When a 6to4 relay encapsulates v6 traffic and sends it to a 6to4 host over v4, should the source address be 184.108.40.206 or the relay's v4 unicast address?
RFC3056 and RFC3068 are both silent on this decision, as far as I can tell. If anything, I believe that RFC3068 is slightly hinting that 220.127.116.11 was intended, because one of the suggestions in there is to include the v4 unicast address in the BGP aggregator attribute for troubleshooting purposes. If the relay router were returning its unicast v4 address in its replies, I'm not sure why an additional way of revealing the unicast address would be necessary.
My take is that it should use 18.104.22.168. It makes the flow between the relay and the client more symmetric (one flow instead of two, if you're looking purely at layer 3). Stateful firewalls are more likely to do the right thing. Network administrators are going to have a better chance of understanding why 22.214.171.124 is sending loads of traffic to systems on their network, instead of some random unicast IP. This is also how the majority of 6to4 relays that I can see from our network operate.
Arguments supporting this position:
http://www.ops.ietf.org/lists/v6ops/v6ops.2004/msg00253.html -- "As an anycast address, 126.96.36.199 should probably not appear as a source address, however for reasons related to both operational and software it does."
draft-savola-v6ops-6to4-security-02.txt -- "Every 6to4 Relay MUST configure and use "188.8.131.52" as the source address of packets that are encapsulated towards 6to4 Routers."
RFC3964 -- "This threat is caused by 6to4 deployment but can be avoided, at least in the short-term, by using 184.108.40.206 as the source address."
The opposing view is that relays should use their own unicast IP as the source. This makes troubleshooting 6to4 problems easier, and may be required for some networks with stricter anti-spoofing rules. I'm not sold on either argument, but not enough to say it's wrong.
Regardless of which is right, I think the current RFCs are ambiguous on this point, and that it should probably be clarified - even if the clarification is to say that both are acceptable. If any of the original RFC authors are watching, how did you see this working? Or was this intentionally left out as an implementation detail?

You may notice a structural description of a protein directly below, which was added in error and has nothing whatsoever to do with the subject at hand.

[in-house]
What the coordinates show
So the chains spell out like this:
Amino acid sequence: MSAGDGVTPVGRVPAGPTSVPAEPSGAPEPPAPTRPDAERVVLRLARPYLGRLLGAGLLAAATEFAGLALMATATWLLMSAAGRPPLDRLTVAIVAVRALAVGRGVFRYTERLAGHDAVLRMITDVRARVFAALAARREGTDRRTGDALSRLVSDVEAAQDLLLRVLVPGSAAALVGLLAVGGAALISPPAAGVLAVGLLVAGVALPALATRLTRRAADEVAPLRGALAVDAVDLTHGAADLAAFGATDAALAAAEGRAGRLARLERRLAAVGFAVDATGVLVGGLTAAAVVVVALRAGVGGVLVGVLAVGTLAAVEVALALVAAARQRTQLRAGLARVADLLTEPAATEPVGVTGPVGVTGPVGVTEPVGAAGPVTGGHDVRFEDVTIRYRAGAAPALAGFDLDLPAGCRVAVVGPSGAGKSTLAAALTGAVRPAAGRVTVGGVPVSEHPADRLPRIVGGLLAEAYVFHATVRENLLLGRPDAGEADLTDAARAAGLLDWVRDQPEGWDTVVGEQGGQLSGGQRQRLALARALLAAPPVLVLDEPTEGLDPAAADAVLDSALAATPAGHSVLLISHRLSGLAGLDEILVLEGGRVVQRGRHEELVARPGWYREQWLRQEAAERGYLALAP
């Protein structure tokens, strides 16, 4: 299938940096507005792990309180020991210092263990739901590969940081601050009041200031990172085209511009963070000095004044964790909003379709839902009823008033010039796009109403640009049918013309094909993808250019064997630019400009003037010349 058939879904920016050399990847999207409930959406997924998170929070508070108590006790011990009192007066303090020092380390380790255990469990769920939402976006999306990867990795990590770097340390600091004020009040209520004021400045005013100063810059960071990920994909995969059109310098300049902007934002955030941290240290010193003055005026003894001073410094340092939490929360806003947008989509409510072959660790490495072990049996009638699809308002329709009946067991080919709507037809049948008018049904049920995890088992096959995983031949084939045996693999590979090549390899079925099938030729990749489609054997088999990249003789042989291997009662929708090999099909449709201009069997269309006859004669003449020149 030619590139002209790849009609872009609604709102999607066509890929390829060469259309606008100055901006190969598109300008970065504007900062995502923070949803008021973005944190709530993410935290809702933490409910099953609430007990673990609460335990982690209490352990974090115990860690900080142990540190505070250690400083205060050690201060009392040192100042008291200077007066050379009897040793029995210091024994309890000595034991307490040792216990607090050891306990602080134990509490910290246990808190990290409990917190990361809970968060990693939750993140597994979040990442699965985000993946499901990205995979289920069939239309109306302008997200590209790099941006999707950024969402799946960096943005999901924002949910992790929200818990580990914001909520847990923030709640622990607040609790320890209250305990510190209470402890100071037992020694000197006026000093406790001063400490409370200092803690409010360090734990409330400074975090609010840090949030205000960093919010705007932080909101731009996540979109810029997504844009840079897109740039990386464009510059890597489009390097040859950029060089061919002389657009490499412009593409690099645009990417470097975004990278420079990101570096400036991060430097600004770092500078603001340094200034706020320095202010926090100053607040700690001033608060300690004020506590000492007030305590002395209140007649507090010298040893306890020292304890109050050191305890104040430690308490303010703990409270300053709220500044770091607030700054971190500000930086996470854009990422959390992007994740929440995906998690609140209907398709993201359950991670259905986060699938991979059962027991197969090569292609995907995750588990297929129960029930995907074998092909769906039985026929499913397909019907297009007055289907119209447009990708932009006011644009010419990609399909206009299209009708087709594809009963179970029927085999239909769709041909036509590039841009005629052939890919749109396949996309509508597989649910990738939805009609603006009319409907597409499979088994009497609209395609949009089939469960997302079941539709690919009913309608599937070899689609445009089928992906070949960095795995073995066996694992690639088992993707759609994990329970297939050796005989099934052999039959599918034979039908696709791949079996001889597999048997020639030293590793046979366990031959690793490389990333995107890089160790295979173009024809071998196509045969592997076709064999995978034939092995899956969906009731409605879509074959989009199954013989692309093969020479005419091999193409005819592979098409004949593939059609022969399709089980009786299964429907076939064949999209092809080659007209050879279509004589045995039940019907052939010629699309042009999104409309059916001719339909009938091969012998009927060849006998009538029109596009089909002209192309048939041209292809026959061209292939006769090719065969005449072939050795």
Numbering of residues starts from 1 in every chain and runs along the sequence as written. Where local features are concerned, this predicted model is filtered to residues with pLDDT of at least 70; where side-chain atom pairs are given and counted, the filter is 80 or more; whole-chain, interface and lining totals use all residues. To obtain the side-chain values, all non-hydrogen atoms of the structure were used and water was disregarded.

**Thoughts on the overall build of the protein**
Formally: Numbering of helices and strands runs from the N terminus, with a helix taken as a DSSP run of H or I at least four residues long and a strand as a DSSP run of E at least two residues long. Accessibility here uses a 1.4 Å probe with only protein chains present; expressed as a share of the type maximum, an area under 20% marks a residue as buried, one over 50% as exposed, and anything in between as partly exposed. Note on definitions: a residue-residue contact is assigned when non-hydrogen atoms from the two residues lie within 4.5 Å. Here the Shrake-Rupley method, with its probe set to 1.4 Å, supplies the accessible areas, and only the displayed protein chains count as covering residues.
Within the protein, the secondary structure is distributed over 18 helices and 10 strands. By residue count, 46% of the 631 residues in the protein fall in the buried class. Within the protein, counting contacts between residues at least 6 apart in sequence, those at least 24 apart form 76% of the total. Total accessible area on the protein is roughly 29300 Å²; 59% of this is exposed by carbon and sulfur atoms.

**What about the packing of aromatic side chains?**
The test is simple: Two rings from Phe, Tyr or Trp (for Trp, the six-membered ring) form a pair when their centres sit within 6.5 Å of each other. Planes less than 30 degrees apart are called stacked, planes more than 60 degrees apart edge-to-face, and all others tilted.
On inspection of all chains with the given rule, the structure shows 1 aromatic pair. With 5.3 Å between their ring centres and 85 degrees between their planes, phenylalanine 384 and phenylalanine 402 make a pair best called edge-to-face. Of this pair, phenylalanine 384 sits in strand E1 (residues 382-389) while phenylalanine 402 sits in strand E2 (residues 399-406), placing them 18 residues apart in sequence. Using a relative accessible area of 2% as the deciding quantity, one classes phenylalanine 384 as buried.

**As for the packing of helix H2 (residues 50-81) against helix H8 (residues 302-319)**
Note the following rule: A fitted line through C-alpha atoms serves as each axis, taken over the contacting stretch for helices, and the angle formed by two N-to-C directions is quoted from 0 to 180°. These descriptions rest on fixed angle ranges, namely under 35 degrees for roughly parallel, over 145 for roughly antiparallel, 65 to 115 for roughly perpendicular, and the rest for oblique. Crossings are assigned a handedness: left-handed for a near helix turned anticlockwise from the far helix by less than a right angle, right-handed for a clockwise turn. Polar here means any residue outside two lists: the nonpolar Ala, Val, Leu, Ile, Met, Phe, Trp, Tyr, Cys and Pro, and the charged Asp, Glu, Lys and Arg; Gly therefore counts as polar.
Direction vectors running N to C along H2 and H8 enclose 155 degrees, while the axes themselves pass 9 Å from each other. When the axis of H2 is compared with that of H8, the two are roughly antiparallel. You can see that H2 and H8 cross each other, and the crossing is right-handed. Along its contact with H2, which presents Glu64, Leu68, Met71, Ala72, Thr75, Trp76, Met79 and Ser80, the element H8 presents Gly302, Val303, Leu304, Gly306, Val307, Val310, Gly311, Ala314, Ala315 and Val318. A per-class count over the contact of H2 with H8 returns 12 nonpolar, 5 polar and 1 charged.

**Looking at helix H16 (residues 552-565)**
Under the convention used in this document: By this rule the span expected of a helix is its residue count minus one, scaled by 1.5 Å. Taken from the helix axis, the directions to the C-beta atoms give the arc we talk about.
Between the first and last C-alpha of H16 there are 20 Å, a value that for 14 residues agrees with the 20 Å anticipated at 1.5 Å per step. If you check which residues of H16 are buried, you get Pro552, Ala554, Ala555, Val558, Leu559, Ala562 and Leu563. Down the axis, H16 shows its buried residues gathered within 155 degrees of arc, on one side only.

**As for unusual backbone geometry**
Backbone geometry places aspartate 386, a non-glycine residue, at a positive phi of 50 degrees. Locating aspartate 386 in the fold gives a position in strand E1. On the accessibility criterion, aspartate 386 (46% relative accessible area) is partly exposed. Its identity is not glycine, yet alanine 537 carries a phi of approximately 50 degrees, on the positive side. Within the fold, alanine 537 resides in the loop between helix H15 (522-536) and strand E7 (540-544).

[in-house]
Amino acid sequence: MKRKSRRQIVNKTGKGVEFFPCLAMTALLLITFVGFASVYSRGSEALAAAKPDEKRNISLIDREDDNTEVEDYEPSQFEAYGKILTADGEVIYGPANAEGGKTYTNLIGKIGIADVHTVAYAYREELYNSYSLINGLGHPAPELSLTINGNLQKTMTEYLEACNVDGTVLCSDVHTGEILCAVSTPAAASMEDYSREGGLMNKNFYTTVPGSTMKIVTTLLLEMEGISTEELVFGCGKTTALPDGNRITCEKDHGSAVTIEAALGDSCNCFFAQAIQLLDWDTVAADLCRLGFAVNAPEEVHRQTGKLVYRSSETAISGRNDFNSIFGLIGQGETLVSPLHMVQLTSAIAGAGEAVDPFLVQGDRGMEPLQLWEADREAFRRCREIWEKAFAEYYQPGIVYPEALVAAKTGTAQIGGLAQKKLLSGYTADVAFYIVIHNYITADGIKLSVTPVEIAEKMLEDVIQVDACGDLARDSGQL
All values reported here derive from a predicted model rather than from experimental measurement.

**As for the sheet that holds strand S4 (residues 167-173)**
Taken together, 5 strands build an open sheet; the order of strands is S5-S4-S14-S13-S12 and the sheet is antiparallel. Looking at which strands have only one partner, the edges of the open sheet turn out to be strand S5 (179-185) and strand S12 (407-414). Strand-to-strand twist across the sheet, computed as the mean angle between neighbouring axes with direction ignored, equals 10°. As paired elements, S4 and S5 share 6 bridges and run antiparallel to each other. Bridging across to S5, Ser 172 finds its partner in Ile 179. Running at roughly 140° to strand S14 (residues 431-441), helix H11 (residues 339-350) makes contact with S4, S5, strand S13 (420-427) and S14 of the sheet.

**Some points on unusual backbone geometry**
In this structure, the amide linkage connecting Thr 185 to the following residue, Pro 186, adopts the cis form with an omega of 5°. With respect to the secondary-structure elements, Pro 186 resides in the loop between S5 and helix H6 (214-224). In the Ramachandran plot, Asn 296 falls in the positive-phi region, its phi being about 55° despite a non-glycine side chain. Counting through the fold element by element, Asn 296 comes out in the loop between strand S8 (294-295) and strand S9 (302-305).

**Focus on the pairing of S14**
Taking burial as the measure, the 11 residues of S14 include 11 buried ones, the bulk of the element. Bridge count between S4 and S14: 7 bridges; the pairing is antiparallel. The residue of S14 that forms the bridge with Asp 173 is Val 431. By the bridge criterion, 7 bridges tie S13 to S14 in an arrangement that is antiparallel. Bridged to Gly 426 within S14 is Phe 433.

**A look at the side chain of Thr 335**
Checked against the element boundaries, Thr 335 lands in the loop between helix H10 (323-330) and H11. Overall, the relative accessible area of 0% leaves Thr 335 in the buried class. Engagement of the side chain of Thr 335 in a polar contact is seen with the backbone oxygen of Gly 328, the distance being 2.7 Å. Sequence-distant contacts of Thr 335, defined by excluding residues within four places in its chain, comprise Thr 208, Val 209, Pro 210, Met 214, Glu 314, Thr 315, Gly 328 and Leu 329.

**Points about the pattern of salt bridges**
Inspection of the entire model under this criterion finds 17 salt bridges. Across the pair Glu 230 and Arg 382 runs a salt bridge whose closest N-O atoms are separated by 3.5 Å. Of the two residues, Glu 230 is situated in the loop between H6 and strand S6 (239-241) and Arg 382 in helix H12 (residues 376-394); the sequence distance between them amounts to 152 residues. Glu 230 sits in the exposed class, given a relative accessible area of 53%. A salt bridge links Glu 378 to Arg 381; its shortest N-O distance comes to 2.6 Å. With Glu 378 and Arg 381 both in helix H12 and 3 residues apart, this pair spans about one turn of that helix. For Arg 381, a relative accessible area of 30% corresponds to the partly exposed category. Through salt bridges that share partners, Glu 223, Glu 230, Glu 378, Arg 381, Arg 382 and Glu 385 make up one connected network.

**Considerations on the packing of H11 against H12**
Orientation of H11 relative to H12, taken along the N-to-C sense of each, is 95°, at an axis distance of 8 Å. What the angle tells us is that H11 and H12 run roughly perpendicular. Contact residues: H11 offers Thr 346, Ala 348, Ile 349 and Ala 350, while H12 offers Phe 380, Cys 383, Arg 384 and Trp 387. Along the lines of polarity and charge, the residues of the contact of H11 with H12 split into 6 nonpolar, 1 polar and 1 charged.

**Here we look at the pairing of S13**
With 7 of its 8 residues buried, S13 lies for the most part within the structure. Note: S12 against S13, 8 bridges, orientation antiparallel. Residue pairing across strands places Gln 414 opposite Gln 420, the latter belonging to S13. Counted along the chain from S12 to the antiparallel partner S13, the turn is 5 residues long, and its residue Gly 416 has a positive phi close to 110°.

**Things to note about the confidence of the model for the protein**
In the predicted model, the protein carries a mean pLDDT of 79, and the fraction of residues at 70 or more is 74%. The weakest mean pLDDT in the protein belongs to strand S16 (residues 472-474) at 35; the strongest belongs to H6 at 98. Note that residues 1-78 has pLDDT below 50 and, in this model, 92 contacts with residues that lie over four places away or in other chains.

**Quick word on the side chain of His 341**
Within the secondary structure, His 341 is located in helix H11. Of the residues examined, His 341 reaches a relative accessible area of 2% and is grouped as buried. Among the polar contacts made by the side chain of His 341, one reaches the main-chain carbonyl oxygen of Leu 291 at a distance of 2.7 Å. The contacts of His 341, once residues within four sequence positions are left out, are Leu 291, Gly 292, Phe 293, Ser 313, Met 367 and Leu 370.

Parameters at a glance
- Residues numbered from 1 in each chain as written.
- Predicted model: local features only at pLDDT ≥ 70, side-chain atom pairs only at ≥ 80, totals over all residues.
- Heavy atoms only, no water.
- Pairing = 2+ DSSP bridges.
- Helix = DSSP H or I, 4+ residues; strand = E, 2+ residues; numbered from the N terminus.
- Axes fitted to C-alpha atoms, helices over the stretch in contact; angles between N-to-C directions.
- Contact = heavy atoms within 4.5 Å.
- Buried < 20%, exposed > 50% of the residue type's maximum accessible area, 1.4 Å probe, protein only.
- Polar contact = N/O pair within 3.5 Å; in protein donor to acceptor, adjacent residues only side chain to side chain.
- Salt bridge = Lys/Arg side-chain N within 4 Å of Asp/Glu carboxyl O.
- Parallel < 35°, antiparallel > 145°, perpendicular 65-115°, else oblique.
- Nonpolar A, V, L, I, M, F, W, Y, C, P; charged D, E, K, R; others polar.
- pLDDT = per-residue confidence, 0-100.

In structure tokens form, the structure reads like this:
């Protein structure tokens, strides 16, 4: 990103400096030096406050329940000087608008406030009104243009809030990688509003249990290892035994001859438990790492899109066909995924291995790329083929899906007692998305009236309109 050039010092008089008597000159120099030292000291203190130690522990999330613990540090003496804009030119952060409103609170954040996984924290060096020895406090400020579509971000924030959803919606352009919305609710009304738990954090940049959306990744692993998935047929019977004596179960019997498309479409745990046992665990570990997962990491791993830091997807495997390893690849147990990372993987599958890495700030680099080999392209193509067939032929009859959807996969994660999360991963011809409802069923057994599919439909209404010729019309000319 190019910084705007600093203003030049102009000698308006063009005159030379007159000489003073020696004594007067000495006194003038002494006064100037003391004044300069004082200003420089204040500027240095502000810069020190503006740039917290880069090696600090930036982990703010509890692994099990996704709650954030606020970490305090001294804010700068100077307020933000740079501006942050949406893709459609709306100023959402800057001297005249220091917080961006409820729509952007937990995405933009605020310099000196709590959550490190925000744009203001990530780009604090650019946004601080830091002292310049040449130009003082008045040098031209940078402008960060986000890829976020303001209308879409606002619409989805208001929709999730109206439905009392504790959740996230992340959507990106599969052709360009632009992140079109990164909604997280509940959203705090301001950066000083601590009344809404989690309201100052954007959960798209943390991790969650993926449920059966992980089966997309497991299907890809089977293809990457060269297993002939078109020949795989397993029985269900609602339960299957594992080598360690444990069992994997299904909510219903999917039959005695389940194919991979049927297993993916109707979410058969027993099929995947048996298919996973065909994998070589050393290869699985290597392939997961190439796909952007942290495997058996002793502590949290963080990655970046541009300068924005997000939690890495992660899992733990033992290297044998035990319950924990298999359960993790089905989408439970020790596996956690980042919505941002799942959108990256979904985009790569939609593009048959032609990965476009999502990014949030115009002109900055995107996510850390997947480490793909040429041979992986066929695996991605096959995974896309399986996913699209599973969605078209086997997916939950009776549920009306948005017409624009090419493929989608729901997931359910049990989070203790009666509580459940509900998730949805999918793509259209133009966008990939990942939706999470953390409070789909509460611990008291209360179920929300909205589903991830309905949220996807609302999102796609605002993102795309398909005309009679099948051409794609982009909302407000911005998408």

The reason this is coming up right now... Since we've started running a 6to4 relay, we've had a few complaints show up at our abuse@ box asking what this 220.127.116.11 host is on our network, why its WHOIS doesn't make sense, and why it's sending them traffic. It occurred to me that if there was a PTR record for 18.104.22.168.in-addr.arpa that it might seem slightly less suspicious in firewall logs, or at least give network operators unfamiliar with 6to4 enough information to know what to look up. i.e. if you see 22.214.171.124 showing up talking to one of your servers, do you recognize that IP immediately? If not, does the fact that it resolves to l.root-servers.net give you enough of a starting place to know where to find out what it is? Especially think about novice network operators who need a push where to look.
Currently 99.88.192.in-addr.arpa is delegated to ARINs name servers. Their servers return SERVFAIL on queries sent for that zone. From talking to a few people at ARIN, they seem a bit unsure why their nameservers were used for that zone, and were never given instructions from IANA to add any records to it at all. So, I took this to IANA who said "Good point, but our understanding is that relays shouldn't ever be using that IP to send any packets - is this really a problem?" I disagreed, and was asked if I could find a consensus on this matter here.
So, does anyone feel strongly one way or another about which address a 6to4 relay should use when encapsulating packets? Additionally, is anyone strongly for or against adding a PTR record for 126.96.36.199 that might help document its use better?